Positioning paper of the BPT work group.
Requirements on Ontologies for Web Services for Automated Service Composition.
Business Process Technology Group
Hasso Plattner Institute for IT-Systems Engineering
University of Potsdam
1. Business Process Technology research group
The Business Process Technology research group is part of the privately funded Hasso Plattner Institute for IT-Systems Engineering at the University of Potsdam, Germany. Its core competencies are process technology in general and the application of processes in the context of service oriented architectures in particular. This includes concepts and methodologies for process modeling, analysis and flexible enactment. Further research topics are architectures for process-enabled software systems and process-aware software product lines. In the context of services the main expertise is in the areas of semantic-enabled automated service composition, late service bindung and case-based recomposition of services.
Hasso Plattner Institute is one of the 21 members of the EU funded Adaptive Services Grid project. The main scope of this project is research on the design and the prototypical implementation of an open development and deployment platform for semantically described services. The key challenges of the project are automated composition of semantically specified services, generation of software based on semantically specified services and platform-independent models, negotiation and enactment of service compositions by an adaptive process engine and dynamic resource and implementation binding by a grid services infrastructure.
2. Automated Service Composition
A key feature of service-oriented architectures is the possibility to register, discover and invoke services dynamically at any time. Additionally services may also be composed out of existing ones. These service compositions are processes that can be enacted by a process enactment engine to benefit from features like abstract, flexible modeling and monitoring which are provided by those engines. This is an important feature for real world scenarios as it allows to offer new services based on compositions of existing ones.
While this approach allows more flexbility than hard coding service compositions, it still can not leverage the full potential of service-oriented architectures, especially the inherent openness of those architectures. Service compositions can barely incorporate changes in the landscape of available services. While late service-binding allows the substitution of concrete services, it can not handle new services with new functionality or ensure functioning of service compositions if services are de-registered. Requests for services may vary a lot in implemented service-oriented architectures like for example a market place. Several different service requestors with various interests participate in the marketplace requesting different services. Service compositions must therefore be generic to satisfy these requests. Hence the available services and service compositions will be most probably not optimal for all service requests, a more flexible approach is required.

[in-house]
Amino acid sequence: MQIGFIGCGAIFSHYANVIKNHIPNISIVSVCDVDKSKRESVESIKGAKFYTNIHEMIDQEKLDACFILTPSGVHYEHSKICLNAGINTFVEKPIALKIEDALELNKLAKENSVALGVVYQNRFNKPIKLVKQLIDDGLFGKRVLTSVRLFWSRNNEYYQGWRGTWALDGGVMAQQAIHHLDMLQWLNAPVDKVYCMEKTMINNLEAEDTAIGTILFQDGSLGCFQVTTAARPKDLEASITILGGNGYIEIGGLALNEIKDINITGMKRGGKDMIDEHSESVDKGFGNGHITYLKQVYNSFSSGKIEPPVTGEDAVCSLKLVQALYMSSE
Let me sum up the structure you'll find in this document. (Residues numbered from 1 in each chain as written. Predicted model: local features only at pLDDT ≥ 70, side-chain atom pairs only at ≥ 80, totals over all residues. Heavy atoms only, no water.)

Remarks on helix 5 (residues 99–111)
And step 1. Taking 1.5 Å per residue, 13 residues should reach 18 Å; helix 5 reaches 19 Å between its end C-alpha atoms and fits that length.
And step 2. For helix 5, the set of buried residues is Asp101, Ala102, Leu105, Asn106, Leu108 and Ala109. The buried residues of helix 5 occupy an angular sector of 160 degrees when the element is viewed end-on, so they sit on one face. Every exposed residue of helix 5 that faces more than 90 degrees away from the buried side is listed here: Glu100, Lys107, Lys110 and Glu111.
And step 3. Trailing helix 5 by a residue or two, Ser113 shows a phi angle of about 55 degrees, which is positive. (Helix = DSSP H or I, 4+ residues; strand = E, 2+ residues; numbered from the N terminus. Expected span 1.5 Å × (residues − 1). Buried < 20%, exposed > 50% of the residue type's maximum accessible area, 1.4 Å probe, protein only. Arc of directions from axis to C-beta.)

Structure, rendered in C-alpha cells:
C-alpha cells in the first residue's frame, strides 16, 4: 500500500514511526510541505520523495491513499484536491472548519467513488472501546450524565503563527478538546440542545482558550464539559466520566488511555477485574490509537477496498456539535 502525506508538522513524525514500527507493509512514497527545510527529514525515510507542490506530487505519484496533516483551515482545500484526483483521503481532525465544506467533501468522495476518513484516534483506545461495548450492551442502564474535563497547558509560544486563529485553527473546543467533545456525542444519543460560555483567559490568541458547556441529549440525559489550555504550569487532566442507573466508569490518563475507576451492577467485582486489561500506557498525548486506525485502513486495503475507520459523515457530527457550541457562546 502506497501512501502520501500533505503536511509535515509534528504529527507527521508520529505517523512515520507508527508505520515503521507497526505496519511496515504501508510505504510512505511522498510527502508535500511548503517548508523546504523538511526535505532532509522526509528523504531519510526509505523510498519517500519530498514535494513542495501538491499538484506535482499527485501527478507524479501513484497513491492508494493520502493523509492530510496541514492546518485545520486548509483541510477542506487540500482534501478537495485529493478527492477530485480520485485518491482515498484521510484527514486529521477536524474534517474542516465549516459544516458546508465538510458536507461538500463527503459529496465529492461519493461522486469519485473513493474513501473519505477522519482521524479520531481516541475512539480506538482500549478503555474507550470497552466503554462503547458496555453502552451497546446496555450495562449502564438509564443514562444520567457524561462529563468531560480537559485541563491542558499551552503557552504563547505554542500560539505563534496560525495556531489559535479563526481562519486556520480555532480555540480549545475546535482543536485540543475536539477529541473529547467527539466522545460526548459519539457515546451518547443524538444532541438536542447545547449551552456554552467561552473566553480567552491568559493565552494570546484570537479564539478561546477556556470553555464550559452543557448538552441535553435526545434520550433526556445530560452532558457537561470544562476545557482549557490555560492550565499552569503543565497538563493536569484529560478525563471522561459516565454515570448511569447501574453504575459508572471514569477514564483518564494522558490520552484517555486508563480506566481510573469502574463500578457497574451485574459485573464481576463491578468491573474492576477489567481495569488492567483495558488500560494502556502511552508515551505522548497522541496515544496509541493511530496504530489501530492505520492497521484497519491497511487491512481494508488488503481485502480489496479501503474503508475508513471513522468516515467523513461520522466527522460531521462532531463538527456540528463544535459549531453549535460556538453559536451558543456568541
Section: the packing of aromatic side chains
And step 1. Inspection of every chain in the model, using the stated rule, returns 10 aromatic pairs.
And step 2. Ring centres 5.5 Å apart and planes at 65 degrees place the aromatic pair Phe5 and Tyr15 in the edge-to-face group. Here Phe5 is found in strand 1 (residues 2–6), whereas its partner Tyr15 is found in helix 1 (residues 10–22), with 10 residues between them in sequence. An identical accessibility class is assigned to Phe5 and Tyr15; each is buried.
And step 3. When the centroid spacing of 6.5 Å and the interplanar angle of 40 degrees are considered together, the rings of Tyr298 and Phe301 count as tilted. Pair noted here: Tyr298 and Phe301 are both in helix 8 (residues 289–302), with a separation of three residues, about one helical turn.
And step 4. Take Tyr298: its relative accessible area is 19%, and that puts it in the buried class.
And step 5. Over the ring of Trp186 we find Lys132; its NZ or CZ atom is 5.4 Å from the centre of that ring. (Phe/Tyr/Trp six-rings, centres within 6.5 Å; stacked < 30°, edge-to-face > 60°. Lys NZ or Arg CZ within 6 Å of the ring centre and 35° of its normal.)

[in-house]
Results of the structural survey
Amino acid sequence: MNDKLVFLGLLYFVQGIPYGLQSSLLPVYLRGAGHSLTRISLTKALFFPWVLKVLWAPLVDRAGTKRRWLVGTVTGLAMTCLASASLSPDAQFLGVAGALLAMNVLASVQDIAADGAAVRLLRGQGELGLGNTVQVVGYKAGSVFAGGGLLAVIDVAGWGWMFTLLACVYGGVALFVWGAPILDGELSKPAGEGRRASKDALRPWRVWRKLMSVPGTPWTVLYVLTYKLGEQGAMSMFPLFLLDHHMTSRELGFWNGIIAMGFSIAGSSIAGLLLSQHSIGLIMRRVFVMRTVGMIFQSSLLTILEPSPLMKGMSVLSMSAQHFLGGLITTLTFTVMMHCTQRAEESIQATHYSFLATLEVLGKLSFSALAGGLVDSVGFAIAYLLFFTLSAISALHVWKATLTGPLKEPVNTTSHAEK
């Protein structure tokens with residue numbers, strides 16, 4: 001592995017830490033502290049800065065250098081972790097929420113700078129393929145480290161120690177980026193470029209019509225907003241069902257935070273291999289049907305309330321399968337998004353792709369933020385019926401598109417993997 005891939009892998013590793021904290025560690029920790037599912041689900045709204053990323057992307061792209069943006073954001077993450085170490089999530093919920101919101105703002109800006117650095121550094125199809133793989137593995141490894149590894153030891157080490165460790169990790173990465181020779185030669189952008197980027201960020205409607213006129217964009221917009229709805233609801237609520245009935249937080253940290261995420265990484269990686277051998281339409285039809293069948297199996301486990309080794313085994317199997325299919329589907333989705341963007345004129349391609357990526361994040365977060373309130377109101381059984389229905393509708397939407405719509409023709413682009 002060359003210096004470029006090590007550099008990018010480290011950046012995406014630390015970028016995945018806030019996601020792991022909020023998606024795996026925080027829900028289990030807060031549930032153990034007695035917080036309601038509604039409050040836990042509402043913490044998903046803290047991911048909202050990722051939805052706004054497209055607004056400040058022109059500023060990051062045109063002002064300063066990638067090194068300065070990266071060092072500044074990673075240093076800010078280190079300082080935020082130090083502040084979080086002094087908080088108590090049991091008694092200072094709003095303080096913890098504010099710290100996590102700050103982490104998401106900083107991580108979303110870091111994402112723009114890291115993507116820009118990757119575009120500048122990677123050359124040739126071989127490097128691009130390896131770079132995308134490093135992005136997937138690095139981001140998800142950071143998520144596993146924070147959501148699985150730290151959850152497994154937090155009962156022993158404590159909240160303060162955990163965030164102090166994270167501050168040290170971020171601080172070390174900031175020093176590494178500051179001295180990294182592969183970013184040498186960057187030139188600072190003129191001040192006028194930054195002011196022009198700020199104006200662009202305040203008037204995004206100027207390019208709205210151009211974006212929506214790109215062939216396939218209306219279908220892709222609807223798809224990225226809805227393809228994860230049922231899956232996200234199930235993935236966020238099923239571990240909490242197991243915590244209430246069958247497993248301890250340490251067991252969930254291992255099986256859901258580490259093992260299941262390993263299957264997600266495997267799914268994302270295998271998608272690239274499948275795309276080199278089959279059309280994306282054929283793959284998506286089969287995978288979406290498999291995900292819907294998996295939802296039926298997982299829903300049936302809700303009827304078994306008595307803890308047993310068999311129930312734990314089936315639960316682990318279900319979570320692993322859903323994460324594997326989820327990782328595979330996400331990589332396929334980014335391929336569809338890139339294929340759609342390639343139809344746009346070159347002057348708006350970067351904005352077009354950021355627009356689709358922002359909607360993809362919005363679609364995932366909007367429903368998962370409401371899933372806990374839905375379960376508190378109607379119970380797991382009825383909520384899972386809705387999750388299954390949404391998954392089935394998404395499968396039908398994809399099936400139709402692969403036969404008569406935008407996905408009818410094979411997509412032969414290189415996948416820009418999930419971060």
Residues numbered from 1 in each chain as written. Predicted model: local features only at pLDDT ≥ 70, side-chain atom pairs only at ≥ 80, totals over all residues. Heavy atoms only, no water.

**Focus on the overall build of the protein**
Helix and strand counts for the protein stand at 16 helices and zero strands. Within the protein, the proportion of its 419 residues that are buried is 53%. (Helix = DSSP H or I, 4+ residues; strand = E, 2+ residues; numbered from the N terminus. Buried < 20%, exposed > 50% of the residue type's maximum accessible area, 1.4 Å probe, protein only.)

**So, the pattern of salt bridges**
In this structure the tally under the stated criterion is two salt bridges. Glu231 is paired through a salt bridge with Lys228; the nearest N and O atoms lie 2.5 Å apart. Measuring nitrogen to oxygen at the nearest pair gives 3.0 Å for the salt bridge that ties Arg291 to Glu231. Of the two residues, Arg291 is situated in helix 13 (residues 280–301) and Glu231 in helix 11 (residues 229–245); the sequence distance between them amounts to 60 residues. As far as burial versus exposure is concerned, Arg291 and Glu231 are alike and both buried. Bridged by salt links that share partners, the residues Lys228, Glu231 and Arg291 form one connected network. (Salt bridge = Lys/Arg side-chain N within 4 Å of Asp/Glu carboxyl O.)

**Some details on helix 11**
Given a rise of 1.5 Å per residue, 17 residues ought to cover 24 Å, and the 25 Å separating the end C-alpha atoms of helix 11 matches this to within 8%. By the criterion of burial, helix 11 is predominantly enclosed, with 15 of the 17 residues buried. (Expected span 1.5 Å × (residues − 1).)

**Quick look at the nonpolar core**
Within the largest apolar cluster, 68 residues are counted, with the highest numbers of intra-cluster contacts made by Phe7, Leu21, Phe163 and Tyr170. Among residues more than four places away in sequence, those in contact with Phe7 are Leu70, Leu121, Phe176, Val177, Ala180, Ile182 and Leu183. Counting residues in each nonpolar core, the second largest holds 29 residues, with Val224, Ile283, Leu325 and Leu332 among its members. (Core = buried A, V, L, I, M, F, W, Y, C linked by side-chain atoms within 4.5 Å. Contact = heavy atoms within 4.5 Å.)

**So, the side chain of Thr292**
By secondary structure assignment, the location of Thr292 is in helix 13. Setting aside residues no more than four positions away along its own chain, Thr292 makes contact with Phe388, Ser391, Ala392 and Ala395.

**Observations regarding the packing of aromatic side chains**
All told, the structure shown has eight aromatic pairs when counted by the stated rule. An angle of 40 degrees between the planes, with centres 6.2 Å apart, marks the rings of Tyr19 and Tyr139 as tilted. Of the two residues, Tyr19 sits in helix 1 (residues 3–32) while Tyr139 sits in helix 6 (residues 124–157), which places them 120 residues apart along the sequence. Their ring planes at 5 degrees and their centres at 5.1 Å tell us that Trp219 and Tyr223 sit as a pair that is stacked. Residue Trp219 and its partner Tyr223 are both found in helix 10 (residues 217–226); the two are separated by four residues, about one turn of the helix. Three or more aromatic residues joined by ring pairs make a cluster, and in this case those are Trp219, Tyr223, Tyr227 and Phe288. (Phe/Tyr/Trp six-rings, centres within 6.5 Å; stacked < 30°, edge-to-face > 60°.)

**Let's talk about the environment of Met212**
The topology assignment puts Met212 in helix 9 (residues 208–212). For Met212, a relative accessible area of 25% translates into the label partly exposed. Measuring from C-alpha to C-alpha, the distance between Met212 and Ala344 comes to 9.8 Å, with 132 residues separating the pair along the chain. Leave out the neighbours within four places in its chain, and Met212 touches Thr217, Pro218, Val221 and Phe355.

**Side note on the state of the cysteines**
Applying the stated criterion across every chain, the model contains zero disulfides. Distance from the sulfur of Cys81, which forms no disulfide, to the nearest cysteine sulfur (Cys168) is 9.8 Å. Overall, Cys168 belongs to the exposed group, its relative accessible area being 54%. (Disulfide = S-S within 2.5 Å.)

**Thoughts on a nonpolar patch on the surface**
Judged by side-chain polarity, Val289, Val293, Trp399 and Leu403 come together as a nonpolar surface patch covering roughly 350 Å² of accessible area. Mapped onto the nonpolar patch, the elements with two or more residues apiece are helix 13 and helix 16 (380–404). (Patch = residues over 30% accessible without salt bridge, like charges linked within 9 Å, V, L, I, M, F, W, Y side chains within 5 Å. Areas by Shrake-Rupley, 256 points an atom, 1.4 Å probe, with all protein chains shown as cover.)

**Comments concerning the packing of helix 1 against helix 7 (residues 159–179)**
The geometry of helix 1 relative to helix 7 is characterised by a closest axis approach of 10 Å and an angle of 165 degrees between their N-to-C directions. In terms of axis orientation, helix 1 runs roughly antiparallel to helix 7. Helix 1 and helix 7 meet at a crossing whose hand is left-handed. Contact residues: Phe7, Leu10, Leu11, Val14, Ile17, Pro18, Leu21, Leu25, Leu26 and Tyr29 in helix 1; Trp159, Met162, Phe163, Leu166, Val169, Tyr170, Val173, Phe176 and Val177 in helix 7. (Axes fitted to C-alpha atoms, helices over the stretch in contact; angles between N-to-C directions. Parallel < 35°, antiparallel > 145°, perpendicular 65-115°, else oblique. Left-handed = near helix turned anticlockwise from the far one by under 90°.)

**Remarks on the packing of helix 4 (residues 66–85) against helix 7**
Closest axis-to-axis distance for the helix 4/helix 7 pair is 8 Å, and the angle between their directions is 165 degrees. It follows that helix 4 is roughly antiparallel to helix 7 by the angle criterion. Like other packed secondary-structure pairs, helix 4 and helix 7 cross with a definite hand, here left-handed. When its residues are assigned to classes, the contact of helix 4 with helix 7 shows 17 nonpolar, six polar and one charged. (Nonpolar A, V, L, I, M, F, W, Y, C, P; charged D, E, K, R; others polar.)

One approach that allows the above described flexibility and also handles the openness of service-oriented architectures is automated service composition. Instead of manually modelling service compositions during build-time, service compositions are automatically composed on-demand during run-time. As the service composition is composed for a specific service request, it is precisely tailored to this particular request. This ensures a better adaption to the peculiarities of each service request. Since service composition takes place directly before enactment, only services available at this point in time are actually used. While it is still possible to use services inside the service composition that are de-registered before enactment, the probability for this is reduced as the time frame between service composition and enactment is shortened. Automated service composition may be combined with late service-binding to further reduce probability of failure and increase the flexibility.
Current Web Service standards are not sufficient to perform automated service composition. WSDL [W3C01] for example defines the operations of services just with input and output parameters (messages). Neither the semantics of the operation's functionality nor the semantics of its non-functional properties are given.
3. Outline of Requirements on Semantic Descriptions for Web Services
For a semantic description of Web Services an adequate framework including a description language and a service ontology [OWLS03, WSMO04] is needed. To support automated service composition the framework has to provide concepts and language constructs which allow a sufficient semantic description of service properties (functional and non-functional). In [ScWe04, Meye05] a model on requirements and concepts needed for automated service composition is provided. It identifies several aspects like concepts and requirements regarding the elements of composition, control and data flow, and quality of services. In this outline we will focus on the elements of composition. They are the building blocks from which the composition is build up. To support automated service composition, it must be defined for each operation what (effect) the operation does under which circumstances (precondition). An operation may have different effects under different circumstances.